Cell phone rescue calls for 911

Locator technology: Wireless phone site-ID is vital in emergencies, but a workable system is still elusive.

October 04, 2001

WIRELESS phones have revolutionized U.S. communications, with more than 116 million units in use.

But their popularity creates a major problem for the 911 emergency system. Unlike land-based phones, mobile wireless units don't automatically transmit their site for dispatchers to speed help. A cell caller must know and tell the dispatcher his or her location.

Wireless carriers were required in 1996 to build site-identification capability into their phones by this month. They have not done so, and instead have asked the Federal Communications Commission for more time to develop and install the technology.

With 30 percent of all 911 calls being made from cell phones, this is a major public safety issue. But requiring immediate, half-baked fixes won't do.

The FCC should grant extensions, but with stiff penalties for foot-draggers. Because even if the private carriers could wave a magic wand today, the 5,000 U.S. 911 centers don't have equipment to identify and pinpoint cell calls.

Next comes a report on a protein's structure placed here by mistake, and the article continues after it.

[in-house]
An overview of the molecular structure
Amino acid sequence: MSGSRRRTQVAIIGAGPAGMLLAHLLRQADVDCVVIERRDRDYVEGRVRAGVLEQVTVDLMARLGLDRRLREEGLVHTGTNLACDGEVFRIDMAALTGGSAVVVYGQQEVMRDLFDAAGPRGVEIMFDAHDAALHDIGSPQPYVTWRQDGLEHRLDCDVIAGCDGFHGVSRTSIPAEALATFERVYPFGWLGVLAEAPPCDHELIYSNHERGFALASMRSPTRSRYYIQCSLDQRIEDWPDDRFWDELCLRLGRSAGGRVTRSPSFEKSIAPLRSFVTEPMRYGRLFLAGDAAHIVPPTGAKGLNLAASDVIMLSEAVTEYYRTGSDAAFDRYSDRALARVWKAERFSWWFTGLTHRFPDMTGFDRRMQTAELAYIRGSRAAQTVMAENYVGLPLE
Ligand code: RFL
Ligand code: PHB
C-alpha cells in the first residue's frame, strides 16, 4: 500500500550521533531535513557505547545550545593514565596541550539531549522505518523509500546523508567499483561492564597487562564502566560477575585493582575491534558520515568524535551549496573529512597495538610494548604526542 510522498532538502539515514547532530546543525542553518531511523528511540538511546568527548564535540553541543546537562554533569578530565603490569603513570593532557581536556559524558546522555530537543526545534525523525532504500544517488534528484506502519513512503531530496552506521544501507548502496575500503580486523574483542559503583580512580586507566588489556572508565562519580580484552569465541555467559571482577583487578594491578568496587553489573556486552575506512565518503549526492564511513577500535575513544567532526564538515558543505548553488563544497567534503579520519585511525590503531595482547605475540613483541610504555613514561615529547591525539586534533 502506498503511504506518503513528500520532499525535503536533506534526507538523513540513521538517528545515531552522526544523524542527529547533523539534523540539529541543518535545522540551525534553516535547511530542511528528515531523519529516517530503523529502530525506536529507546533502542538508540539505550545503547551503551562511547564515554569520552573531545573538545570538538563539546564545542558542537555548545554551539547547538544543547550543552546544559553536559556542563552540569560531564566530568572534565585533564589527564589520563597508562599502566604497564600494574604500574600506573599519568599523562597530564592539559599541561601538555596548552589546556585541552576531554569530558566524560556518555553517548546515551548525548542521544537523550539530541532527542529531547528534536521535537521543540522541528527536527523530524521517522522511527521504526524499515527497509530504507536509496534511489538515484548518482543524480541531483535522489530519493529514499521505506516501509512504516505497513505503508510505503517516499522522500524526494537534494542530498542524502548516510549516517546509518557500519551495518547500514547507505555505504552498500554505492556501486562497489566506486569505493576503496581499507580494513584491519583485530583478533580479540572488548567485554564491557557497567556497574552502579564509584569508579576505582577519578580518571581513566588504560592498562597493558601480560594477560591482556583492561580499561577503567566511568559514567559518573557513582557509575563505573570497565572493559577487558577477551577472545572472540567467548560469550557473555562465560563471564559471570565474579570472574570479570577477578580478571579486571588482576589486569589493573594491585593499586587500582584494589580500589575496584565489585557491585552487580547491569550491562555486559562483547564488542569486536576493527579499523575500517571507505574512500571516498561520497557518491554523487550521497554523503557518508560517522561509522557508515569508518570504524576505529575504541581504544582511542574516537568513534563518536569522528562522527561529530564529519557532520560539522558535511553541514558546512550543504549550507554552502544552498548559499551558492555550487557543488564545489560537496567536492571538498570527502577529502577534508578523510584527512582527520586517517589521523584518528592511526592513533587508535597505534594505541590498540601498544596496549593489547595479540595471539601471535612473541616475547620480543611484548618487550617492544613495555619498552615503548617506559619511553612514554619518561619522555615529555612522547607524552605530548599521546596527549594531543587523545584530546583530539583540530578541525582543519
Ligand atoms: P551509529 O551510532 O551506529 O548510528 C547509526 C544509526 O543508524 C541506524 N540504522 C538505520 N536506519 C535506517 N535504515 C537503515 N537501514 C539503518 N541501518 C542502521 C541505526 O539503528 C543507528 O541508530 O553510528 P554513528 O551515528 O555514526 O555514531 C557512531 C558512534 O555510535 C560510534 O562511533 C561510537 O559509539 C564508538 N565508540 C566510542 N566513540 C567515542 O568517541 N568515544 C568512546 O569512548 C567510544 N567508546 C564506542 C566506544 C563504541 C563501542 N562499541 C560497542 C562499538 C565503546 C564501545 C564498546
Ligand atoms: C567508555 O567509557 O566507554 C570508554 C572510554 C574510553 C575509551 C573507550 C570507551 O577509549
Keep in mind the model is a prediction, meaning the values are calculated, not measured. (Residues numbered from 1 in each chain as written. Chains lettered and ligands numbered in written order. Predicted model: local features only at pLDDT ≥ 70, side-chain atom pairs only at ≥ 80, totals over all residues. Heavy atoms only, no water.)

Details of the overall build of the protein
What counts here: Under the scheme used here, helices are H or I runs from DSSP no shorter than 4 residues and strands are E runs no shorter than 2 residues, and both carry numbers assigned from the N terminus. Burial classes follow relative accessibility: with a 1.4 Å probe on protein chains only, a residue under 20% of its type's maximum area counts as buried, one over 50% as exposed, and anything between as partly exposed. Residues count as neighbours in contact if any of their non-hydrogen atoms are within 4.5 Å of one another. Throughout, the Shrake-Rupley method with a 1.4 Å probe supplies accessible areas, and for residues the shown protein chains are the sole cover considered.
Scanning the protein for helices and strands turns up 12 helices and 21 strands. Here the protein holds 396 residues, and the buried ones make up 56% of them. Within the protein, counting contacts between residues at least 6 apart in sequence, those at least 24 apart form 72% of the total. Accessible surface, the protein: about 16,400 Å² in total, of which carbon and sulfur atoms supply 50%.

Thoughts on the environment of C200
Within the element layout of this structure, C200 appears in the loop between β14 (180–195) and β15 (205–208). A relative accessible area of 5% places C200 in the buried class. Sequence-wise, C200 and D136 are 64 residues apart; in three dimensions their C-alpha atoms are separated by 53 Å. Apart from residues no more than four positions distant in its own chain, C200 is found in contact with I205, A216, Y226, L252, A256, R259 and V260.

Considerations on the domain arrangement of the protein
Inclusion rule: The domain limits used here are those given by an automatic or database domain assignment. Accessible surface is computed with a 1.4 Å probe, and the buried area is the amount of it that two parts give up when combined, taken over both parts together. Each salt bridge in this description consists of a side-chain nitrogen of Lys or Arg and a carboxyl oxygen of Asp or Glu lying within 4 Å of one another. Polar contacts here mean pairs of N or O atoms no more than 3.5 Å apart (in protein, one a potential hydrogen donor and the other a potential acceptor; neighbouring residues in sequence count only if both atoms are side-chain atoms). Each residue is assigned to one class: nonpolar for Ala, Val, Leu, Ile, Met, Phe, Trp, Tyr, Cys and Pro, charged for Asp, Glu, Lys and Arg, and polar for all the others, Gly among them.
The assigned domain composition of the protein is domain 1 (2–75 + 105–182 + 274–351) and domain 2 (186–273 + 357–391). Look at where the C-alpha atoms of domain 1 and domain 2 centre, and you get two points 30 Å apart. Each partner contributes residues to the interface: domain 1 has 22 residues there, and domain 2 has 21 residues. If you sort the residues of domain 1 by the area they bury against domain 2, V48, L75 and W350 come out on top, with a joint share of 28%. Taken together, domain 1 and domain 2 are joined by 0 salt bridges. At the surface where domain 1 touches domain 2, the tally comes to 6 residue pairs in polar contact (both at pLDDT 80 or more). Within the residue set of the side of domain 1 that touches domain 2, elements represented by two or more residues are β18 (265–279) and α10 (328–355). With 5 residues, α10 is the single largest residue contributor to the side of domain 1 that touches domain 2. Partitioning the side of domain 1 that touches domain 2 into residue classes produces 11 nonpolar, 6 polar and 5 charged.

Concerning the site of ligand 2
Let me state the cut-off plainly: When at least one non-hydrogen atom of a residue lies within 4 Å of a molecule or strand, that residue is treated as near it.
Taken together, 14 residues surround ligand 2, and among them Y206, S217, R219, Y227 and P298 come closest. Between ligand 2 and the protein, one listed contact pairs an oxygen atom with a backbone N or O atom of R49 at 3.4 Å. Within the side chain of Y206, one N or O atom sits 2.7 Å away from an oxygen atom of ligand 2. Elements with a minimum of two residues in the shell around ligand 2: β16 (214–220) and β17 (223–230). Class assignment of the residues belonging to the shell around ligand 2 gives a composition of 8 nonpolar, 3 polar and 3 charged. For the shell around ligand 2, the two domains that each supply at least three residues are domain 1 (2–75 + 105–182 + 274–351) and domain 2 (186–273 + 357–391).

All 24 Maryland centers say they are equipped to identify wireless caller numbers (but not locations). Yet only Baltimore County is doing so, with limited success. Only six county centers have digitized display maps, even for land-based calls.

The wide range of technologies and hundreds of wireless companies complicate the problem. Global Positioning Satellite locators appear the most promising, but competing systems claim cost and other advantages.

The Sept. 11 terrorist assaults showed the value of cell phones. Yet even if the enhanced 911 system had been in place, it likely wouldn't have helped rescuers find survivors calling from the World Trade Center wreckage. The siting accuracy can vary by several blocks, or even miles. (Dedicated homing devices can target cell phones if they are turned on, but only at close range.)

Blame for the delay in universal wireless site-ID capability is shared.

Proliferation of technologies and firms makes it hard to coordinate. Privacy concerns about tracking abuses remain. But 911 site location is the paramount goal. The FCC must keep pushing to make that connection.

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